To maximize the oral health benefits of community water fluoridation, the U.S. Department of Health and Human Services (HHS) on April 27 standardized the recommended level of fluoride in drinking water nationally to a single level—0.7 milligrams per liter—rather than the range of 0.7 to 1.2 mg/L) that had been in place.
Q. What does the new HHS recommendation mean?
A: This adjustment to a single level has been pending for four years. It is a minimal modification that was expected and does not reflect any change in the accepted body of knowledge regarding the safety of fluoridation.
Q: Why was the fluoride level adjusted?
A: HHS had previously recommended greater fluoridation in northern regions because research had shown that people in cooler northern climates drank slightly less water than those in warmer southern regions. Recent research from the Centers for Disease Control and Prevention shows that, with more people living and working in climate-controlled environments, regional differences in water consumption have become negligible.
Another factor considered by HHS is that people today are exposed to more fluoride from other sources, such as beverages, toothpaste, and other oral health products.
HHS first announced the draft recommendation in 2011. Since then, the agency has reviewed the results of new research from CDC’s National Health and Nutrition Examination Survey and examined thousands of comments submitted by the public. This accumulated information has informed implementation of the fluoridation adjustment.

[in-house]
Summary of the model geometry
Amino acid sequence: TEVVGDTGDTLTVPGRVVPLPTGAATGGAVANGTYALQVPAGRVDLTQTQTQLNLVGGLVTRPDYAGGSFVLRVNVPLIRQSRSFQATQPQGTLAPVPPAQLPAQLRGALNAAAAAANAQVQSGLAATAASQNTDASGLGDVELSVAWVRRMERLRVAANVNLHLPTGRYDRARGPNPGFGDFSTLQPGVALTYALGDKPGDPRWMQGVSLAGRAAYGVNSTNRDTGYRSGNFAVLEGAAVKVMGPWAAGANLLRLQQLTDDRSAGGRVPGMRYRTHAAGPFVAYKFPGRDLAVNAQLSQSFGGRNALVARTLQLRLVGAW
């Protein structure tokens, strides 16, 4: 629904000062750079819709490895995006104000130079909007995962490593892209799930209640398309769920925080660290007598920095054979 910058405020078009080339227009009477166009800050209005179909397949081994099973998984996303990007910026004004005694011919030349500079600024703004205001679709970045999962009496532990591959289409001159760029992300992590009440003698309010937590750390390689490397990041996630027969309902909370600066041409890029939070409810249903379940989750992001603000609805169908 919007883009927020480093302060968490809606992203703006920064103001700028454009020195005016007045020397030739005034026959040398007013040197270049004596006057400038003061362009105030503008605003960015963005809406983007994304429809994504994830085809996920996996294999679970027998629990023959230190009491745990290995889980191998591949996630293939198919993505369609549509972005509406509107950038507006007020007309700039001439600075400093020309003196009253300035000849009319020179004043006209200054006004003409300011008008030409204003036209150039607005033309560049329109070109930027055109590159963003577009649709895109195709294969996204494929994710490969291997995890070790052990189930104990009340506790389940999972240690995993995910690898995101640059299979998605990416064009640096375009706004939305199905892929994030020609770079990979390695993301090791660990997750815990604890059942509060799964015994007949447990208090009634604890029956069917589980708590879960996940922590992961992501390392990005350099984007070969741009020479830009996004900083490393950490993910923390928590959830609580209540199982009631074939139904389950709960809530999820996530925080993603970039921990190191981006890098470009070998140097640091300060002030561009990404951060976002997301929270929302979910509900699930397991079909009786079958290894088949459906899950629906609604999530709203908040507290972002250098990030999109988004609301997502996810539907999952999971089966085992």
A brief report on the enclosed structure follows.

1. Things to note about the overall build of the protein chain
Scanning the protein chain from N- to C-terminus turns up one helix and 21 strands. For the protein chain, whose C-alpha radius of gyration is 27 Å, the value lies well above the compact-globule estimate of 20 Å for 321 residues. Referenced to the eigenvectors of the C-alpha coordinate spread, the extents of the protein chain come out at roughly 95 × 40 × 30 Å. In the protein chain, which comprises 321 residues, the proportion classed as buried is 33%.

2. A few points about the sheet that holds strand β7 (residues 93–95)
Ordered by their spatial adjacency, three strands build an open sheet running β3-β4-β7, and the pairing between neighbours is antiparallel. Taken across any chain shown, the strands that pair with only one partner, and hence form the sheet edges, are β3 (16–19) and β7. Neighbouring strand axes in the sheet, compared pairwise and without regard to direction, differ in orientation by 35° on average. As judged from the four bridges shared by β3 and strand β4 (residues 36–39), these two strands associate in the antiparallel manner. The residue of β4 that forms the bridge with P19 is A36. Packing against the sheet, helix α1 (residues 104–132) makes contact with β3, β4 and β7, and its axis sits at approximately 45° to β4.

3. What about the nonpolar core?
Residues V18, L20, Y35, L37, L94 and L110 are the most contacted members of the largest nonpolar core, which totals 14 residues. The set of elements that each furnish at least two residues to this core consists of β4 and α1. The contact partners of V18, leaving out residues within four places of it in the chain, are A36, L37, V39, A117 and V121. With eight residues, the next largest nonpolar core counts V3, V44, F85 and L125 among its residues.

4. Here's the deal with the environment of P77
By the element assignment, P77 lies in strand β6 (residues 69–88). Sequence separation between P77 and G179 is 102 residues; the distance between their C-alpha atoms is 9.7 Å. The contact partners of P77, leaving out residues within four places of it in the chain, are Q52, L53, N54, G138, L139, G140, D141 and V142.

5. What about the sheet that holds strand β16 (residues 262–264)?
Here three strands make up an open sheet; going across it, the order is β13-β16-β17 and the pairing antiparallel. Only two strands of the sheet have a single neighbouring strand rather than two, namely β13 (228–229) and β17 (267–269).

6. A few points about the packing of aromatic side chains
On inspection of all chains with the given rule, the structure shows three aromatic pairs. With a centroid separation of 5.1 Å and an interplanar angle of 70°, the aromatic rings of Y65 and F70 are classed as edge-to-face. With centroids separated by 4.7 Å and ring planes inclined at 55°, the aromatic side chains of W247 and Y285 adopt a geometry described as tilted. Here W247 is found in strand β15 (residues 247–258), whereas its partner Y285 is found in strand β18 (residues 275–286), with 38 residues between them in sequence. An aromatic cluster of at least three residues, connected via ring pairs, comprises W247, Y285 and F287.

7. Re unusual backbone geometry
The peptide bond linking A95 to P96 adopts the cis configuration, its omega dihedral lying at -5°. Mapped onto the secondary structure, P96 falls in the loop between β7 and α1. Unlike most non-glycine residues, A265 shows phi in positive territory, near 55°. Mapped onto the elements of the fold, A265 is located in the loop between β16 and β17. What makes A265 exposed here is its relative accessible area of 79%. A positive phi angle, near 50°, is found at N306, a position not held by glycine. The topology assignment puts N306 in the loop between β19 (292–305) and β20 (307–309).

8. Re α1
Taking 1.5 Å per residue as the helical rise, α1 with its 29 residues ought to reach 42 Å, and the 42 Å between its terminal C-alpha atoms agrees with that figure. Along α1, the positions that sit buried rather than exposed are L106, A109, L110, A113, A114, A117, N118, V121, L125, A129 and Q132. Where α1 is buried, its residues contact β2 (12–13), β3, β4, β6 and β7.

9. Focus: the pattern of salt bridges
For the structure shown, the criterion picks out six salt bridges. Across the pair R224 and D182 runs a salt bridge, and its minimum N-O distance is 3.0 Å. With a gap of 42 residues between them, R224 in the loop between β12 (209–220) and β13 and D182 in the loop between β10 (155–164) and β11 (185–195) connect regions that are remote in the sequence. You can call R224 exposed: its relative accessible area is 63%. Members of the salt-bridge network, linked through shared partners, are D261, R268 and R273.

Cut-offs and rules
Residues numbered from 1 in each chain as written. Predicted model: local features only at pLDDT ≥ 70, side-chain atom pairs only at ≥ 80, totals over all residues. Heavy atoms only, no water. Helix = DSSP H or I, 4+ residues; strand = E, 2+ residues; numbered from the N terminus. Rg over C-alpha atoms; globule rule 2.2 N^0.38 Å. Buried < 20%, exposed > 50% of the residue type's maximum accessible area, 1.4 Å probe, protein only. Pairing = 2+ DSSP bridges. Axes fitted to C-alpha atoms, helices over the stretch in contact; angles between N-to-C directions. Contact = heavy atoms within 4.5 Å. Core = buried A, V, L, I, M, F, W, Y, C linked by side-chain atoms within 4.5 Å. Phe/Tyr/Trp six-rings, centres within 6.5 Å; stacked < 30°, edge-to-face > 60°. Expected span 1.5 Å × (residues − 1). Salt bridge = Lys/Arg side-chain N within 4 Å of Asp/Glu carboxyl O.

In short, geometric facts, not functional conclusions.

The decision to adjust the recommended level of fluoride in drinking water incorporates the latest and most accurate research into the policy that benefits the oral health of Americans. Research will continue on the safety and effectiveness of water fluoridation, but after more than 70 years of studies and science, the body of knowledge indicates that fluoride in water adjusted to the optimal level is safe to drink and an effective tool in the fight against tooth decay.
Q: What are the benefits of fluoride?
A: Water fluoridation and fluoride toothpaste are largely responsible for the significant decline in tooth decay across the United States over the past 50 years. In fact, CDC named the fluoridation of drinking water one of 10 great public health achievements of the 20th century.
Studies show that fluoridation reduces tooth decay by approximately 25 percent for people of all ages. Optimally fluoridated water is the single most cost-effective strategy that a community can use to improve the oral health of its residents.
Q: Who is affected?
A: Many local water systems already fluoridate their water at the standardized recommended level (0.7 mg/L); 75 percent of Americans who use community water systems have access to this method of protection. CDC has resources on fluoridation levels across the country.